- Employees that are unable to work due to caring responsibilities (e.g. looking after kids) can be furloughed. The general requirement that the employer does not have sufficient work for that employee must however still be met.
- Salaried members of LLPs can be furloughed.
- It has been confirmed company directors can be furloughed. We have further guidance here.
- Employers can claim for employees that were transferred under the Transfer of Undertakings (Protection of Employment) regulations (TUPE) after 19 March 2020.
- Public sector contractors within the scope of IR35 can be furloughed. Read more here.
Employees cannot undertake any work whilst furloughed, though they can study. If employees are required to study whilst furloughed, they must be paid at least National Minimum Wage for compulsory time spent studying, even if this is more than 80% of normal earnings.
- The minimum furlough period is 3 consecutive weeks. An employee can be furloughed multiple times, but each occasion must be for a minimum of 3 consecutive weeks.
- The government have reiterated the need to communicate furlough in writing to employees. This evidence must be kept for a period of 5 years.
- Employment rights are unaffected whilst furloughed.
- Employees can take on another job whilst furloughed, subject to the terms of their existing employment contract.
- Should the business decide, at a later point, that redundancies are still necessary, they should take legal advice at that stage on the associated risks.
- Those knowingly found to be defrauding could face criminal convictions.
- The grant is pro-rated if the employee is only employed for part of the pay period. There is no indication that there is any pro-rata for part time employees, just those employed for part of the period.
- The grant is taxable in the hands of the employer, but the wage costs remain tax deductible, so should be neutral.
- The grant is a reimbursement by HMRC of salary costs paid to furloughed workers, so employers may face cash flow issues in paying these workers. A claim can be made to HMRC 14 days in advance of running the payroll with payments being made 4-6 days thereafter.
Do let us know if you need financial support for this as there are a number of options that may be open to you, including the Government’s Coronavirus Business Interruption Loan.
Employers will need to:
- Designate affected employees as ‘furloughed workers,’
- Notify those employees of this change – changing the status of employees remains subject to existing employment law and, depending on the employment contract, may be subject to negotiation. The government have reiterated the need to communicate furlough in writing to employees, which must be kept for a period of 5 years. Note if you have more than 20 employees whose contracts need to be changed a more formal consultation process will need to be done and we recommend legal advice at this point.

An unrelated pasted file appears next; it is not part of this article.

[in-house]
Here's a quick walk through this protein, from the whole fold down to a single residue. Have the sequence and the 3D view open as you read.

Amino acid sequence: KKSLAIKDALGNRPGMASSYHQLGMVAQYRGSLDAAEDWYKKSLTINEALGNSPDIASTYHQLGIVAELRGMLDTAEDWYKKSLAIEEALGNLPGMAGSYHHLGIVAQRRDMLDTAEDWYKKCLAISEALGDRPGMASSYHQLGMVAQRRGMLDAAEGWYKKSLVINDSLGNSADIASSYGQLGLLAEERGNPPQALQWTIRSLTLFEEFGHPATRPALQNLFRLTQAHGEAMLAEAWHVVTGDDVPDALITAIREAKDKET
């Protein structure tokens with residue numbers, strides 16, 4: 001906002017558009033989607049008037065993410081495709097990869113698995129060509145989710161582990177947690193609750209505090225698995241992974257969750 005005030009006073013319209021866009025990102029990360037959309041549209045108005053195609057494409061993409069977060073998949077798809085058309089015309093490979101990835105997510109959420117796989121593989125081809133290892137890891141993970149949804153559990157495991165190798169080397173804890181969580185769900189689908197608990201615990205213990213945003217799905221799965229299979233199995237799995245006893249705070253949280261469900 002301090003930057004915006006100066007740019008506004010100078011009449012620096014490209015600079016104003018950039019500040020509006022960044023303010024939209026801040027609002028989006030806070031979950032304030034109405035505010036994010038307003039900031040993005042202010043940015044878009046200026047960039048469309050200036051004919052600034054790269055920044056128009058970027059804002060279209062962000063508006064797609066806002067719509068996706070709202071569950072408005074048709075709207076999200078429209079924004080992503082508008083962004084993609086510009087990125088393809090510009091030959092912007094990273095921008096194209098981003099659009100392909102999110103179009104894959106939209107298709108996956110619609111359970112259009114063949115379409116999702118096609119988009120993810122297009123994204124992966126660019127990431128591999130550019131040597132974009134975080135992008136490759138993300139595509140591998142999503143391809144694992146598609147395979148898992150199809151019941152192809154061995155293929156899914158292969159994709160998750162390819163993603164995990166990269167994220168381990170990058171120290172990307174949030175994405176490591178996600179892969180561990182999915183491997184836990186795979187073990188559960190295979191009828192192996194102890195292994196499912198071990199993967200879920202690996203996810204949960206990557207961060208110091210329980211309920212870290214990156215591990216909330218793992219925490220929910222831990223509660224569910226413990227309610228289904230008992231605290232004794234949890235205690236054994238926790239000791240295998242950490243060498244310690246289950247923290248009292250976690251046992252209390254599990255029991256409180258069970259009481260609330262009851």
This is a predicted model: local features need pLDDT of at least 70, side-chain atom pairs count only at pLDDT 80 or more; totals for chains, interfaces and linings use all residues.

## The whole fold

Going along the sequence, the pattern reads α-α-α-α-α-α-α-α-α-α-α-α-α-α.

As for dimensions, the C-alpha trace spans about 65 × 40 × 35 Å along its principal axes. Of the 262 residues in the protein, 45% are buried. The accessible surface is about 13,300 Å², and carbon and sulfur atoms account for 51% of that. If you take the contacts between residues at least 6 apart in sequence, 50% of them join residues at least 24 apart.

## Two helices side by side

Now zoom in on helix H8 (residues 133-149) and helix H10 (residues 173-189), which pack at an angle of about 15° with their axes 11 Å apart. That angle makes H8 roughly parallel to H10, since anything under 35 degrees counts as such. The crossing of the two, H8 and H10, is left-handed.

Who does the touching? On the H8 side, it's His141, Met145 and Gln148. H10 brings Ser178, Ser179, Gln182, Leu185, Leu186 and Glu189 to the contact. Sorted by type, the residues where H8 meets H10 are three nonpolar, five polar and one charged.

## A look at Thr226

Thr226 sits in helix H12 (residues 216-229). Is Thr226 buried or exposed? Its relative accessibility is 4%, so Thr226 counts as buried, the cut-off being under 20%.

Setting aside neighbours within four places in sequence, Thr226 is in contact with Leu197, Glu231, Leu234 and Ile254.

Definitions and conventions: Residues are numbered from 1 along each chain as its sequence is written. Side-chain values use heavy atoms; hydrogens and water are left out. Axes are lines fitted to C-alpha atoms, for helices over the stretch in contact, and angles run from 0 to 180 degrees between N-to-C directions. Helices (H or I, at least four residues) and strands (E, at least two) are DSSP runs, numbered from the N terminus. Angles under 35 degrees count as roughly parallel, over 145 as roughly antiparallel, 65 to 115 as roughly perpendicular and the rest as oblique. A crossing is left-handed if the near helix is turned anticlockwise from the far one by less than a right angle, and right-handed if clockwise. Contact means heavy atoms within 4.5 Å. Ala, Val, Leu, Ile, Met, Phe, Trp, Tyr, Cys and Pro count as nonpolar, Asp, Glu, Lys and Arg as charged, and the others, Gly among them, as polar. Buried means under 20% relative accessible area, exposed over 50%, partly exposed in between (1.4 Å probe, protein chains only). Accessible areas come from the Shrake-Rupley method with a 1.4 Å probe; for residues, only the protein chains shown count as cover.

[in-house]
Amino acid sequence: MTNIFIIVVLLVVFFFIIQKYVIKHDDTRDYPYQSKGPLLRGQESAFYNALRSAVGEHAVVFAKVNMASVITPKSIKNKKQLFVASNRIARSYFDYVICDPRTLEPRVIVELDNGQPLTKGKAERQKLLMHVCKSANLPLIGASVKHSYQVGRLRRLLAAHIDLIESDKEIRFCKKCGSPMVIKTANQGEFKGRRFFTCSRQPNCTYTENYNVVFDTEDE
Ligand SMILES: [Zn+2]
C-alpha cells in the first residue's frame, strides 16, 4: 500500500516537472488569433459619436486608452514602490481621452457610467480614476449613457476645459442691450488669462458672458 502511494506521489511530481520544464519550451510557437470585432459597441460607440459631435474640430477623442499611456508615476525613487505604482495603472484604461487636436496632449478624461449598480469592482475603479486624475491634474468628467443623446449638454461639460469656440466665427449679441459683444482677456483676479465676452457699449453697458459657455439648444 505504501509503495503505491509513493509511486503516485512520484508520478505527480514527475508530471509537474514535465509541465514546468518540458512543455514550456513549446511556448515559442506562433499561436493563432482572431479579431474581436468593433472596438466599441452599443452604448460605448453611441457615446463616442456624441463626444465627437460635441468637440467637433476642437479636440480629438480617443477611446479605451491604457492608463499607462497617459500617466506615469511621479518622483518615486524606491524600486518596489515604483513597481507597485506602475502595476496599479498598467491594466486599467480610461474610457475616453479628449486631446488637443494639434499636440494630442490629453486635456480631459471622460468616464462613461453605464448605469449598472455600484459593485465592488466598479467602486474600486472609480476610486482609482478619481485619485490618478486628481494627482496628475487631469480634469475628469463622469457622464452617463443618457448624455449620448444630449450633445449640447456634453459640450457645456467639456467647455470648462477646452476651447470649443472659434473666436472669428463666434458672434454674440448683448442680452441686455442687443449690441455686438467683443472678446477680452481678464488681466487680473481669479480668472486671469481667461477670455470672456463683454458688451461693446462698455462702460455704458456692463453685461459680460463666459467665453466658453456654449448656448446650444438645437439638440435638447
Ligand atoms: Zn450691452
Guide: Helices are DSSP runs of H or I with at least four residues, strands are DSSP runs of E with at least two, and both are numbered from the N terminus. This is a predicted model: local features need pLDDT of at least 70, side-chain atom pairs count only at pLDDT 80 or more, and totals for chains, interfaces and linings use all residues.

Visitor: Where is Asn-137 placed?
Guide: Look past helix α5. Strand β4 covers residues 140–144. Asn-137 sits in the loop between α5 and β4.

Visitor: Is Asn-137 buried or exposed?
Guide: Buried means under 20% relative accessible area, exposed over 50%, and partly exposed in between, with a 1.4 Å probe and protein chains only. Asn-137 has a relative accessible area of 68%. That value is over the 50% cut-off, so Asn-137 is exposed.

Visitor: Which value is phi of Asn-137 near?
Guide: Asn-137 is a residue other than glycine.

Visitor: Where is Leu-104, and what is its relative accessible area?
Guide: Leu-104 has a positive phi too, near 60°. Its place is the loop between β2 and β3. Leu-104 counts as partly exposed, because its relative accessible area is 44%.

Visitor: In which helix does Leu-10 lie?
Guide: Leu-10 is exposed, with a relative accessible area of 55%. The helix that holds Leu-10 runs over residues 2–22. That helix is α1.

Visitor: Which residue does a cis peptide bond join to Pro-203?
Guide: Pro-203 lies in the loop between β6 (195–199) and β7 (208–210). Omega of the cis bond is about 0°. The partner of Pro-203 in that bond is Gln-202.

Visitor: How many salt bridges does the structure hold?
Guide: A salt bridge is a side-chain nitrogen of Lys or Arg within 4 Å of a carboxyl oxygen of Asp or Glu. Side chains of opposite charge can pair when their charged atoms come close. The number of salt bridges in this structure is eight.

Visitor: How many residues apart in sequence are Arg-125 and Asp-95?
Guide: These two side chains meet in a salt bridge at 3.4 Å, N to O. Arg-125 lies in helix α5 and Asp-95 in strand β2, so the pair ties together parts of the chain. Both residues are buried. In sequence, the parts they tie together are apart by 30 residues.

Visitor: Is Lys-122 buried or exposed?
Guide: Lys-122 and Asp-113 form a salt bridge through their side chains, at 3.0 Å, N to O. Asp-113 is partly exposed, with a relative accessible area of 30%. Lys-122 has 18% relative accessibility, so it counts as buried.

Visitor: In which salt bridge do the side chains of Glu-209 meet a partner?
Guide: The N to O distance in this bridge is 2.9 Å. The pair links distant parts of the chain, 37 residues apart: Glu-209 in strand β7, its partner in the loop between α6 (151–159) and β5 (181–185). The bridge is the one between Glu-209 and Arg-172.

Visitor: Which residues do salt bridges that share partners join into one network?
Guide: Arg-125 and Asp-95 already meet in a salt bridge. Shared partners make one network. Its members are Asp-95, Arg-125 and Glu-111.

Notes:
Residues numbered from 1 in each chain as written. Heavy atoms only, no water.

- Please note it is the employer’s choice to furlough and not the employee. If the employee requests to be furloughed, the employer can refuse to agree (e.g., if there is still work for them to do.)
- Employers then need to submit information to HMRC about those employees who have been designated as ‘furloughed’ and their earnings via a new online Portal which will be live by 20th April.
- HMRC will then reimburse 80% of wage costs for each ‘furloughed worker’ up to a cap of £2,500 per month, PLUS employer’s National Insurance and minimum Auto-Enrolment contributions.
- Furloughed employees could be paid 80% of their pay or higher if the employer chooses (bearing in mind the CJRS will reimburse a maximum of 80% to a maximum of £2500 per employee).
Key points for employers
- Ensure that you document your thought processes and discussions when deciding which employees are to be designated at ‘furloughed’ – treat it as if it is a redundancy situation and think about how you would need to evidence your decision.
- Consider if putting employees on furlough leave is absolutely necessary and reasonable to do in the circumstances. Again, make sure you record your reasons (in writing).
- Ensure that you notify employees being designated as ‘furloughed’ in writing, giving your reasons, making clear any terms that will apply during this period, and offering reassurance that financial support via the CJRS will be available.
- The CJRS is a reimbursement scheme so the employer will have to make the payments to employees first and then seek reimbursement from HMRC.
- Be understanding that there may be groups of employees that feel hard done to (e.g. those who are genuinely sick with the Coronavirus, those having to self-isolate as a family member is sick, the over 70s and those in vulnerable groups who are only entitled to SSP or contractual sick pay [which may be less than 80% pay]) and they feel it is unfair that those ‘furloughed’ are getting much more.
The overall message, however, is that the Government will provide assistance to both employers and employees. They are urging businesses not to make permanent redundancies.
The public guidance now has numerous requests that employers and employees should not contact HMRC about the CJRS. HMRC are instead instructing employers to contact their agent.
This page was last updated on 1 June 2020.